January 15, 2017
The “Mind-Boggling” Trinity
Dear Dr. Craig,
I would consider myself agnostic but have a question regarding the probability of God as accepted by the majority of the Christian community: Aren't the odds of a triune god beyond astronomical? To accept that there is an omnipotent, eternal being is difficult enough, but three separate beings that possess this nature? The term "mind boggling" doesn't even begin to describe the unlikelihood... Thanks!
Thanks for your question, Steve! Before I address it, let’s be sure we state accurately what the doctrine of the Trinity is. It is not the doctrine that there are “three separate beings that possess this [divine] nature.” That would be polytheism. Christians hold that there is one tri-personal God.
Now this is admittedly mind-boggling. But don’t equate being mind-boggling with being improbable. Quantum mechanics is mind-boggling, but that doesn’t imply that it is improbable as an account of the physical world. We live in a universe that is so mind-boggling as almost to defy comprehension!
Moreover, I have defended a sort of probability argument for the claim that God is not just one person. It goes like this: God is by definition the greatest conceivable being. As the greatest conceivable being, God must be perfect. Now a perfect being must be a loving being. For love is a moral perfection; it is better for a person to be loving rather than unloving. God therefore must be a perfectly loving being. Now it is of the very nature of love to give oneself away. Love reaches out to another person rather than centering wholly in oneself. So if God is perfectly loving by His very nature, He must be giving Himself in love to another. But who is that other? It cannot be any created person, since creation is a result of God’s free will, not a result of His nature. It belongs to God's very essence to love, but it does not belong to His essence to create. So we can imagine a possible world in which God is perfectly loving and yet no created persons exist. Moreover, contemporary cosmology makes it plausible that created persons have not always existed. But God is eternally loving. So created persons alone are insufficient to account for God's being perfectly loving. It therefore follows that the other to whom God’s love is necessarily directed must be internal to God Himself.
In other words, God is not a single, isolated person, as unitarian forms of theism like Islam hold; rather God is a plurality of persons, as the Christian doctrine of the Trinity affirms. On the unitarian view God is a person who does not give Himself away essentially in love for another; He is focused essentially only on Himself. Hence, He cannot be the most perfect being. But on the Christian view, God is a triad of persons in eternal, self-giving love relationships. Thus, since God is essentially loving, the doctrine of the Trinity is more plausible than any unitarian doctrine of God.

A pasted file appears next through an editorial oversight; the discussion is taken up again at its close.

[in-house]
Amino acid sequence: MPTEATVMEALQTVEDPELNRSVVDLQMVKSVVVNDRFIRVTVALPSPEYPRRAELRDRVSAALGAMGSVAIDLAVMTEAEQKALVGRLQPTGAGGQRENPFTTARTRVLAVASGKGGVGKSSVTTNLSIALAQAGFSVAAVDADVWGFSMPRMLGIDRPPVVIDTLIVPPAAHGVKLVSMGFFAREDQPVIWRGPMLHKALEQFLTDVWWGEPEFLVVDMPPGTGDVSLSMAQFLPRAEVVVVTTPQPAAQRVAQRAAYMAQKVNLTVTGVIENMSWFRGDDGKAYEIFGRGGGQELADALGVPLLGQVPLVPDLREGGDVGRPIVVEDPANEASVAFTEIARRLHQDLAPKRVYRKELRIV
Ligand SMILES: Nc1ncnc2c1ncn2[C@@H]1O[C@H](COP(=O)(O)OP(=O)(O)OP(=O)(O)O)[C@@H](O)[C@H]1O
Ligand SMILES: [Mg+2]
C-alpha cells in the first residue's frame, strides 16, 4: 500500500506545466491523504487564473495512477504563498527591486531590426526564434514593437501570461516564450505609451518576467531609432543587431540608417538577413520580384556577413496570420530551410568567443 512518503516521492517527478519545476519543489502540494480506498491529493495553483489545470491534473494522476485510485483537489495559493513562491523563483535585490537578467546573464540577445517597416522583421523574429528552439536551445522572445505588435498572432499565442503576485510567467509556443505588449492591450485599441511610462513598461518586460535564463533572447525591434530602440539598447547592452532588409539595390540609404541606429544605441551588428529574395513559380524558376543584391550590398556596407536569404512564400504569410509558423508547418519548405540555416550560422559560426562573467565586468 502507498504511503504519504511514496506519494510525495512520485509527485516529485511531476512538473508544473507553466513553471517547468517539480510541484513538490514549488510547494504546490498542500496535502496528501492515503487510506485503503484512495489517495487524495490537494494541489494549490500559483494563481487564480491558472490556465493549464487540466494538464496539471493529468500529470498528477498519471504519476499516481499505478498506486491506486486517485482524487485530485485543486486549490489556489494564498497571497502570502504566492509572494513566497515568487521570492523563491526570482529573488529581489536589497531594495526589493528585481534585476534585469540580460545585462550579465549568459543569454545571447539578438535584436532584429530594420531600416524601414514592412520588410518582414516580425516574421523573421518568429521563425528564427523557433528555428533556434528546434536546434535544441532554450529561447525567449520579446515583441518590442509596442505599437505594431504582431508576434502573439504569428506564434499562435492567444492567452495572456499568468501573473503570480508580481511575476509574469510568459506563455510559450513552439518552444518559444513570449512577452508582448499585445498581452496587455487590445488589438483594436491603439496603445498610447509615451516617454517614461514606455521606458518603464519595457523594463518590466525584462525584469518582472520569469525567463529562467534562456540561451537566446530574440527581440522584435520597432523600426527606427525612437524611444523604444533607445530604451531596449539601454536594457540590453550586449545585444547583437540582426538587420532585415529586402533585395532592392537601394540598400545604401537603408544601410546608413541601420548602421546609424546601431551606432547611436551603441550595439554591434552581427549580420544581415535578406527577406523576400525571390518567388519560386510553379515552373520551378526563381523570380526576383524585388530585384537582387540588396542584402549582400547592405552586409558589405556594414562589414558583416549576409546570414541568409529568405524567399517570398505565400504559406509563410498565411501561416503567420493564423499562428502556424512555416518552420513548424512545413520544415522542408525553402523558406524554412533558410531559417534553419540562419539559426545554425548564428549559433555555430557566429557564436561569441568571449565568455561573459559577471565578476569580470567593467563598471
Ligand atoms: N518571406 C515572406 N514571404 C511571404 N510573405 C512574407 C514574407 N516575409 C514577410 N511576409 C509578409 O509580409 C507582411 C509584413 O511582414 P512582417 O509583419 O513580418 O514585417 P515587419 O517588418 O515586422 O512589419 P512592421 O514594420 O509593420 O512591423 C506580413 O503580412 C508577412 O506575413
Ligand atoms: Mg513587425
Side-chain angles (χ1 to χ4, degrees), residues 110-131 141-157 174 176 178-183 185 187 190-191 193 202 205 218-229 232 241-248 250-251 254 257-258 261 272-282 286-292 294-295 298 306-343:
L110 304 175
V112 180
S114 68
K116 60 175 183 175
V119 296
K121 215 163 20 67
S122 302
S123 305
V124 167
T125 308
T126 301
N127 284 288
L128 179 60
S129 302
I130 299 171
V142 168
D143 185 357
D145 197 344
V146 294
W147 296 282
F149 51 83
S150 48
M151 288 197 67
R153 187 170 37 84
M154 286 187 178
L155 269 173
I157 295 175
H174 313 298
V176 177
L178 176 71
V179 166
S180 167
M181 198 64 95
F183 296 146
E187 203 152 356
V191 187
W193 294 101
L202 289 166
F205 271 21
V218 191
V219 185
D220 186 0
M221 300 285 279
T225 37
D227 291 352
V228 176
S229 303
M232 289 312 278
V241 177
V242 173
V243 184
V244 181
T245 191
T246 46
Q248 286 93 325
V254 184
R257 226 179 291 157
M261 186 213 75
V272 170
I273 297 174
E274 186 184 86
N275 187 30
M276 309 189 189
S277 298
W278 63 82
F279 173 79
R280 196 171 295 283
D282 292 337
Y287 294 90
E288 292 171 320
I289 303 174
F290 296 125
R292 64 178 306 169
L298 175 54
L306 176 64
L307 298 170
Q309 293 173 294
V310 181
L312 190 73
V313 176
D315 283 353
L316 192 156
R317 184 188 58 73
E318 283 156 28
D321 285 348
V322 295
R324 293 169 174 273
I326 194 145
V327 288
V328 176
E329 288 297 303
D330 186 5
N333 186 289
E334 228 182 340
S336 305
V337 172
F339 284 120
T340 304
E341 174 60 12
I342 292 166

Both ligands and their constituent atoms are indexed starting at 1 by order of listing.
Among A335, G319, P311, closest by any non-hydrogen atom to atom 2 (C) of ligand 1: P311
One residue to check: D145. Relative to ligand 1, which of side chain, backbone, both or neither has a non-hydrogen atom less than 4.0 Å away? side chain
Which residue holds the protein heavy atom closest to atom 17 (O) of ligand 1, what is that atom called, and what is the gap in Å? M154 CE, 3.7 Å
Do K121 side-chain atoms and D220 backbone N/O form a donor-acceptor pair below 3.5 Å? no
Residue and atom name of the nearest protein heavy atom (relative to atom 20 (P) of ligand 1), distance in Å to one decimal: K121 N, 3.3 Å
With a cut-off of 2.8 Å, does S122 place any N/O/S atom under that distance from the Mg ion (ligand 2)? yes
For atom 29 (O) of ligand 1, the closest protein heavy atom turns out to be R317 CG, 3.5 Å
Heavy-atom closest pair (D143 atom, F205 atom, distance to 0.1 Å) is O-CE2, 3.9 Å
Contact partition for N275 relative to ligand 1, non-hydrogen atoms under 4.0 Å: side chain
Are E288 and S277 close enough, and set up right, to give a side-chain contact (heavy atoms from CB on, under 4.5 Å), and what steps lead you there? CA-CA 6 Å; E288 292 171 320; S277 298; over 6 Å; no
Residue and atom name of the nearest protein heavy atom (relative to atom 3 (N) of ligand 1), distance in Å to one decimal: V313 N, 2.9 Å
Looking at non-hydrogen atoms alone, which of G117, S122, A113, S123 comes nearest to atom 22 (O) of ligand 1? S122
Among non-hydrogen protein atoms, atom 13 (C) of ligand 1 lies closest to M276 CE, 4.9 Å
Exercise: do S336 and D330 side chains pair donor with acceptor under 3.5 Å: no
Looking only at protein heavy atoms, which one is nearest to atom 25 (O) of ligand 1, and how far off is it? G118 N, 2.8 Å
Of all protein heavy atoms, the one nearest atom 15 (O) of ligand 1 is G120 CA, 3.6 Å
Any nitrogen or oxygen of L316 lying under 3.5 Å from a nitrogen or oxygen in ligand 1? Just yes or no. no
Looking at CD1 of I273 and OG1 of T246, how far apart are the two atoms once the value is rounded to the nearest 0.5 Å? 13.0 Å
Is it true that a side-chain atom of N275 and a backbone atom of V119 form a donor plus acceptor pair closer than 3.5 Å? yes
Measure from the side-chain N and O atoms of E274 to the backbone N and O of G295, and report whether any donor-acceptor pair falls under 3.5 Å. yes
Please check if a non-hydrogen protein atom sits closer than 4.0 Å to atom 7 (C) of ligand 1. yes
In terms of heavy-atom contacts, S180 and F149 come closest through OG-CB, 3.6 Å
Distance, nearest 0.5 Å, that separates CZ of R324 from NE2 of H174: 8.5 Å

Finally, when we ask about the probability of a hypothesis, we must always ask, probable relative to what? Even if we think that the prior probability of the doctrine of the Trinity is low, still its posterior probability, after the introduction of new evidence, may not be low at all. The evidence in this case is the person and work of Jesus of Nazareth. He makes all the difference. The earliest Christians were Jews who were committed heart and soul to the doctrine that “The Lord our God is one Lord” (Deuteronomy 6.4). Only the most forceful considerations would have led them to adjust Jewish monotheism to accommodate a plurality of divine persons. It was trying to make sense of who Jesus was that compelled them to recognize somehow the diversity of divine persons.
It is the same for us today. Who do you think Jesus was or is? How do you make sense of his sublime life and teaching and, especially, of his death and resurrection? Thoughtful consideration of that question may lead you to acknowledge his divinity and so make a Trinitarian view of God seem—not less mind-boggling—but perhaps less improbable to you.